The London riots have dominated the news since violence erupted late Saturday.

Those who have taken to the streets destroying property and in some cases stealing and looting stores, have so far lacked a clear voice defining what has fueled the some of the rage.

Until now.

Darcus Howe, a 68-year-old writer and broadcaster, has lived in London for nearly 50 years. In a recent interview with BBC TV, Howe’s perspective on why the chaos had erupted has gone viral.

The video interview, uploaded on Tuesday by YouTube user mYcHeMiCaLrOmAnCeGaL, has already topped one million views.

Howe made clear he didn’t get on BBC to ‘condone’ the rioting and violence.

“There is a young man called Mark Duggan. He has parents. He has brothers. He has sisters. And a few yards away from where he lives, a police officer blew his head off.”

The BBC News anchor, Fiona Armstrong, interrupted Howe cautioning him to make those statements before an official inquiry had made by police.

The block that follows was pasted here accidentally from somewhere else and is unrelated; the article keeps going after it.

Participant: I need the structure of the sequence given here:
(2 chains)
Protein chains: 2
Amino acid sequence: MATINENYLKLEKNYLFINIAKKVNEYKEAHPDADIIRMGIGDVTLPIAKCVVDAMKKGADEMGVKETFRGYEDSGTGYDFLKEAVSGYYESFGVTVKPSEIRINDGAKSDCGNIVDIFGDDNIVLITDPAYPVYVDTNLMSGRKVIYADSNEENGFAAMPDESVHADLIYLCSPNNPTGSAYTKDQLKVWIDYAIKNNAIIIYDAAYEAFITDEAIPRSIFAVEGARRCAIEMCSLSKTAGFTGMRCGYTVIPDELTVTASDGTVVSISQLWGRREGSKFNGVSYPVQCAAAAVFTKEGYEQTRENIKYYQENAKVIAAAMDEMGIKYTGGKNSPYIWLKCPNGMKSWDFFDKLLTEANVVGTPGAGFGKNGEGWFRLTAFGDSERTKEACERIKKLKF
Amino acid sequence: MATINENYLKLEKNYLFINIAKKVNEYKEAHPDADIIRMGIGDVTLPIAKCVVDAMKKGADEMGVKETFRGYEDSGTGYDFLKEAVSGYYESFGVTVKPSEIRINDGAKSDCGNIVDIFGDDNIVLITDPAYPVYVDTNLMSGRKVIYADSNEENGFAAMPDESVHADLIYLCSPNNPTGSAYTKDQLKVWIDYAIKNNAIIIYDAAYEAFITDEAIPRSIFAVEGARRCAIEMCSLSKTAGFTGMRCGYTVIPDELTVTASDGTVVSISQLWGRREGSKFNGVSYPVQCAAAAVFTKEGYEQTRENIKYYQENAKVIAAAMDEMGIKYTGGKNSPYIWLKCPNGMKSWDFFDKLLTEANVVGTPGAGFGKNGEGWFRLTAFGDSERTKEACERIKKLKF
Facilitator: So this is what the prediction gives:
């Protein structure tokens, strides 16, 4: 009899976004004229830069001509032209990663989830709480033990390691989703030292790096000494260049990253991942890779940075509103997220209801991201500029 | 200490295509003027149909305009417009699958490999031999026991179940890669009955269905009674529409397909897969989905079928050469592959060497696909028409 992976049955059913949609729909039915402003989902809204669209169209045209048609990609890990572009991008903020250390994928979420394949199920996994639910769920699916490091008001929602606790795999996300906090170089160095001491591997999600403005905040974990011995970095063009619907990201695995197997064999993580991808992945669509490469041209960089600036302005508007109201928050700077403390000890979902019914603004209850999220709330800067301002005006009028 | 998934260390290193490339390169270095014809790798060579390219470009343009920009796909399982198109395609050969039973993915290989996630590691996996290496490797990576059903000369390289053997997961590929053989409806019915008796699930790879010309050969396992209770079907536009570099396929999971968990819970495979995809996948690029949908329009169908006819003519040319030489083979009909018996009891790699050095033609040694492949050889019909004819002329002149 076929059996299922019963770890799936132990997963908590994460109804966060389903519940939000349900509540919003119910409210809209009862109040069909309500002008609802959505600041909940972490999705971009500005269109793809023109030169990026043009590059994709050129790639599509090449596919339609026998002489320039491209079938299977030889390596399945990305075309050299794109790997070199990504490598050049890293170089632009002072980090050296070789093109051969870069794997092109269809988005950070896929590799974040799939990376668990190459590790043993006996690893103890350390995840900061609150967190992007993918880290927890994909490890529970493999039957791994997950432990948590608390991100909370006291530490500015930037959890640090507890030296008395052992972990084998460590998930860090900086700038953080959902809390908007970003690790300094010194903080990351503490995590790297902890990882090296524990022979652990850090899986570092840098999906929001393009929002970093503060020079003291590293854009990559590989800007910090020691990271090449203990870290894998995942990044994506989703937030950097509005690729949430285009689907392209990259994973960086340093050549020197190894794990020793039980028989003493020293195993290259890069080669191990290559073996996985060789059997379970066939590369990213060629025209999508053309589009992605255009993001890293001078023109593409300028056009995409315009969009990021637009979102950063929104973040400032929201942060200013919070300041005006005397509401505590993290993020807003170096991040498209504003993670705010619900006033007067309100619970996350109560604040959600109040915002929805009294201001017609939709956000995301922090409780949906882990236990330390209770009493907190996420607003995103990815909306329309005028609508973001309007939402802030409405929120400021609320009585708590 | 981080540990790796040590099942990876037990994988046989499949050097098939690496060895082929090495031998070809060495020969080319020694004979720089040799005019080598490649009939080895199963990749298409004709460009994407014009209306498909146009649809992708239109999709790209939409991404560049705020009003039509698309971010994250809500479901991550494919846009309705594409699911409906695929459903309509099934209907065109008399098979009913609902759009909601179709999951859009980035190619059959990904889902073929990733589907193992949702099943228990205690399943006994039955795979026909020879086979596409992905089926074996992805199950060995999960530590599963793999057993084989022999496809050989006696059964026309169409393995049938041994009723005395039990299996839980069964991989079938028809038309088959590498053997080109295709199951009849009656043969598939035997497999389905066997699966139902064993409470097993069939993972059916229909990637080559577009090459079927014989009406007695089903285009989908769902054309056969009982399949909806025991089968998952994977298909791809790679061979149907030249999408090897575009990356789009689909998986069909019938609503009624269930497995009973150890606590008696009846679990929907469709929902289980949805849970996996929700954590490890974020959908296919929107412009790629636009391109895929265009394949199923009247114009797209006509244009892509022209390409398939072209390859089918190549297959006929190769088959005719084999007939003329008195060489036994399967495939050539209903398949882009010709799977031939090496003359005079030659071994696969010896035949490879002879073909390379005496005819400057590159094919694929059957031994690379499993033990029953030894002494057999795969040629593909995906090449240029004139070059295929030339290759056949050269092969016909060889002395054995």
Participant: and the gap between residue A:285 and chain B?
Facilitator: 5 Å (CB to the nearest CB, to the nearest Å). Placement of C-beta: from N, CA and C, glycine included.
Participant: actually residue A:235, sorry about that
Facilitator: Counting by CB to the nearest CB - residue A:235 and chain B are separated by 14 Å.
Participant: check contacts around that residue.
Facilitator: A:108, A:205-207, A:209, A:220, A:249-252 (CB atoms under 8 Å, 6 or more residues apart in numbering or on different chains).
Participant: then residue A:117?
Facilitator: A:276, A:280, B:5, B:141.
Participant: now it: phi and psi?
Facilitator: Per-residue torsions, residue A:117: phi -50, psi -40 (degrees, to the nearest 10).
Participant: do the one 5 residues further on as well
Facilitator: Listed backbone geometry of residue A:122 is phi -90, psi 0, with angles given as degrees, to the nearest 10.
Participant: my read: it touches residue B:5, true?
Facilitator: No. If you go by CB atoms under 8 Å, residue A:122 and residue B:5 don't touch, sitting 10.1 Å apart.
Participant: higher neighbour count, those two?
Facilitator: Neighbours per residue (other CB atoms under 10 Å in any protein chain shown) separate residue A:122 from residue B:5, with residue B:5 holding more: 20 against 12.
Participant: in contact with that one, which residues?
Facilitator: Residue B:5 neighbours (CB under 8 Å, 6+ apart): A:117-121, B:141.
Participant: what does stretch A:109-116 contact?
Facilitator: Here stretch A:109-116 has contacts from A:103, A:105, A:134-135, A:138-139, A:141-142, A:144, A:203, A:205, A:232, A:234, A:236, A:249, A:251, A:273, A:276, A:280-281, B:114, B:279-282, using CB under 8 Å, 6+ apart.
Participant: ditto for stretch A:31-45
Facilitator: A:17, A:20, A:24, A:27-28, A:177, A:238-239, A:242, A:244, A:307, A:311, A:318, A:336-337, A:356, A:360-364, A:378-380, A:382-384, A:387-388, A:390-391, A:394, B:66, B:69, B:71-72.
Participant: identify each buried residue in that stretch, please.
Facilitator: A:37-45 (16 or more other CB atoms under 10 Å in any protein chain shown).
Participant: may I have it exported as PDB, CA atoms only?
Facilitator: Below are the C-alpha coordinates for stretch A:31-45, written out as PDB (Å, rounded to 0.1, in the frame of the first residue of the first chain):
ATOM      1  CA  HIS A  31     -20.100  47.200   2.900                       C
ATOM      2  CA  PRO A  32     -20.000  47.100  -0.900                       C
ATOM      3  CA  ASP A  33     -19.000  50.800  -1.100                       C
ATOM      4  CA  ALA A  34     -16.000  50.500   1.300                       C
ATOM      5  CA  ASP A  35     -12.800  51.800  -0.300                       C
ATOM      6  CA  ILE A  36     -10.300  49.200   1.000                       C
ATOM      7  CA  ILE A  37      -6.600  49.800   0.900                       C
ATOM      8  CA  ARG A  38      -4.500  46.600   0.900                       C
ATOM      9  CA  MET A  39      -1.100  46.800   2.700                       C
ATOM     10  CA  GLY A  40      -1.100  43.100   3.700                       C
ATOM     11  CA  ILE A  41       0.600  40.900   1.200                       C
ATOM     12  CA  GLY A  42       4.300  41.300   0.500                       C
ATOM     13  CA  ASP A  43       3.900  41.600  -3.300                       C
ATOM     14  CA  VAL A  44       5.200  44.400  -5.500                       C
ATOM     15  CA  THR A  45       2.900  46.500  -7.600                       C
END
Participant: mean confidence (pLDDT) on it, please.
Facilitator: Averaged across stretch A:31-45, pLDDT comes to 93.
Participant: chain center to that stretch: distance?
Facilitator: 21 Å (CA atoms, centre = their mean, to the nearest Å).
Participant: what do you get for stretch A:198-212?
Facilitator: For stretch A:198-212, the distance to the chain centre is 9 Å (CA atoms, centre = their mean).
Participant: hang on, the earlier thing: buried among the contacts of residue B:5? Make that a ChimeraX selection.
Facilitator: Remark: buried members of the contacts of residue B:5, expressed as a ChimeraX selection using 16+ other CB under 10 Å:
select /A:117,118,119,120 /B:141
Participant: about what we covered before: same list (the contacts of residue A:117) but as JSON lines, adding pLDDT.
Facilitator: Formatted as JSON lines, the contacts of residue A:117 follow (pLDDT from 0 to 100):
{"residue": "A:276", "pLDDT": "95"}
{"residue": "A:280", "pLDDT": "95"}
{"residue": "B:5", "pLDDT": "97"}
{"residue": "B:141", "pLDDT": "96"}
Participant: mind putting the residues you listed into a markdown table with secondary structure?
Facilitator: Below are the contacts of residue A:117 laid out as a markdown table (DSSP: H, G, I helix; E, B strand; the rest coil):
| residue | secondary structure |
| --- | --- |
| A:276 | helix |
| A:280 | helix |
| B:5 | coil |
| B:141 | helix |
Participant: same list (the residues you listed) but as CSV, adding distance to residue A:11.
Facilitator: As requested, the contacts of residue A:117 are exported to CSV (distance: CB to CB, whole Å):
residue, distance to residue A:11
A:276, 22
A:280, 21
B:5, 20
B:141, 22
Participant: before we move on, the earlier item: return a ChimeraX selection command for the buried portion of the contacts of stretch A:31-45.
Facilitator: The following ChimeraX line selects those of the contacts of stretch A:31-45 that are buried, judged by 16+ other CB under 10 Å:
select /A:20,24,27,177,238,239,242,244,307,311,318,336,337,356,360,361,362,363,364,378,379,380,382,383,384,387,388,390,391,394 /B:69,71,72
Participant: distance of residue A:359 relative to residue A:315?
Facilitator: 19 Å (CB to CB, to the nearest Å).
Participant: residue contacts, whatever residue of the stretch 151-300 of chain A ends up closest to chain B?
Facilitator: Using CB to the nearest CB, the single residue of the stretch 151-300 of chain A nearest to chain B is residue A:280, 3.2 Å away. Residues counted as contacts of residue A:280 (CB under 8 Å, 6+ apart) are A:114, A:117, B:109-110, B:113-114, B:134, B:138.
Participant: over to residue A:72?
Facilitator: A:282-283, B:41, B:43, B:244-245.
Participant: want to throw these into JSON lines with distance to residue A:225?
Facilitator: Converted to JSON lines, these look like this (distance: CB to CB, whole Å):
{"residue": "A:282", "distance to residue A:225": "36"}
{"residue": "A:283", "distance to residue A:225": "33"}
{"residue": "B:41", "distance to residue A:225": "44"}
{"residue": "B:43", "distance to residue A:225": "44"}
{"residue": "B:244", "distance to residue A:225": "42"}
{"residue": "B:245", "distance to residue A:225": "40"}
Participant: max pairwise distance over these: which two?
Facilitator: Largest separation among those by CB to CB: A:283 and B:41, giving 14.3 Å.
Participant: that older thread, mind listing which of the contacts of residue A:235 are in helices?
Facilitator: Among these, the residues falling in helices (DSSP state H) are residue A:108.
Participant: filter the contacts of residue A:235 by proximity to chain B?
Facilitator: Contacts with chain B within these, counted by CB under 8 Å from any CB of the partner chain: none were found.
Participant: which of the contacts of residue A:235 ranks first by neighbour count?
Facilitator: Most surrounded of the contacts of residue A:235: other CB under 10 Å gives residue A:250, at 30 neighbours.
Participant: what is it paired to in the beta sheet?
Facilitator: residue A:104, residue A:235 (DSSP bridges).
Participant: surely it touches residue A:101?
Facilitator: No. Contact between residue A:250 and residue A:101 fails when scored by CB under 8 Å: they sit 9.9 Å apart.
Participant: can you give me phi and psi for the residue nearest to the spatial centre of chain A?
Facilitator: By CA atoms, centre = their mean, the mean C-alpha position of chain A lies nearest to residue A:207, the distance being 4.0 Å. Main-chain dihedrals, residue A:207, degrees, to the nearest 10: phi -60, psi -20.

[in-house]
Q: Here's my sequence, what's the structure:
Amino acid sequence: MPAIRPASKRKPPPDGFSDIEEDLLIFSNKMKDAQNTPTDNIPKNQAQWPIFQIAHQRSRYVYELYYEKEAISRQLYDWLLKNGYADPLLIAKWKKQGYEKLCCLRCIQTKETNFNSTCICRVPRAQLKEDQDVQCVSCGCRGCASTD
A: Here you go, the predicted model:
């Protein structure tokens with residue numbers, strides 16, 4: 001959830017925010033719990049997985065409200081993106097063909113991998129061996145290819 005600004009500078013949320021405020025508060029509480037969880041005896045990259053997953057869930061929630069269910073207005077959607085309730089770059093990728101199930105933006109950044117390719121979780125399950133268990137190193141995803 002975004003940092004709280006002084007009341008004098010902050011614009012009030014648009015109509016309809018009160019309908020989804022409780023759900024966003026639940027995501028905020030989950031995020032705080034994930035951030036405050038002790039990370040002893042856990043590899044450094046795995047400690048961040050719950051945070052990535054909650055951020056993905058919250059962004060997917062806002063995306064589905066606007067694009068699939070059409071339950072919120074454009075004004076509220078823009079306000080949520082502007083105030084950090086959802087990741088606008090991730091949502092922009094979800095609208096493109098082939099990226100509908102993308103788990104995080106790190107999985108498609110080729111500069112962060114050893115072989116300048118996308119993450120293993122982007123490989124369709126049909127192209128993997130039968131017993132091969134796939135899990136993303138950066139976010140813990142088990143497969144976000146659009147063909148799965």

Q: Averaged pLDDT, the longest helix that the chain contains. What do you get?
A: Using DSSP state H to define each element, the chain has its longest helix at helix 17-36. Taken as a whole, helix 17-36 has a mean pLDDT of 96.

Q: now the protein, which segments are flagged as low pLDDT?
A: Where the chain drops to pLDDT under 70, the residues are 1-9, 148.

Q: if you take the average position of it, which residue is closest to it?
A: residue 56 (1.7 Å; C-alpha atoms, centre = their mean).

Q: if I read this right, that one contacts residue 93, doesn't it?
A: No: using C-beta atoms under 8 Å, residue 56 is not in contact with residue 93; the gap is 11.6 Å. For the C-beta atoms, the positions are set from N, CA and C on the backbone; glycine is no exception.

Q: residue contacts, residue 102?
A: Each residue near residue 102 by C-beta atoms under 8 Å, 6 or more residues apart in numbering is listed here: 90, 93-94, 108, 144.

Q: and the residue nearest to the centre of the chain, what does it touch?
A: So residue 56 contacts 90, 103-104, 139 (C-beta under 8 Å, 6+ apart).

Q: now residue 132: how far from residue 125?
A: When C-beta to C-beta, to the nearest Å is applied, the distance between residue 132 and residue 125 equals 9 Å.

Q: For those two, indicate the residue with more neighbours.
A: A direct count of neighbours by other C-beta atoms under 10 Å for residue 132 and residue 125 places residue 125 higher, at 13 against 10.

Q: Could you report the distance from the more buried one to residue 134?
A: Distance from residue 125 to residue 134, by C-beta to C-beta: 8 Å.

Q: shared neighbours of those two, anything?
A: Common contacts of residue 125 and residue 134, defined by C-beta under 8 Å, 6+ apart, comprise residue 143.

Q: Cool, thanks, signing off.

”[Police] have been stopping and searching young blacks for no reason at all,” Howe cried.

Howe continued, revealing a personal tale of his grandson being stopped by police. He asked his grandson how many times he had encountered police:

“Papa, I can’t count, there’s so many times.”

Howe, who is West Indian, concludes with a booming rebuke of Armstrong who had implied Howe had been involved in riots in the past.

“Have some respect for an old West Indian negro and stop accusing me of being a rioter,” Howe shot back.

On Wednesday, BBC apologized for “any offense caused” by Armstrong’s questions, according to The Daily Telegraph.

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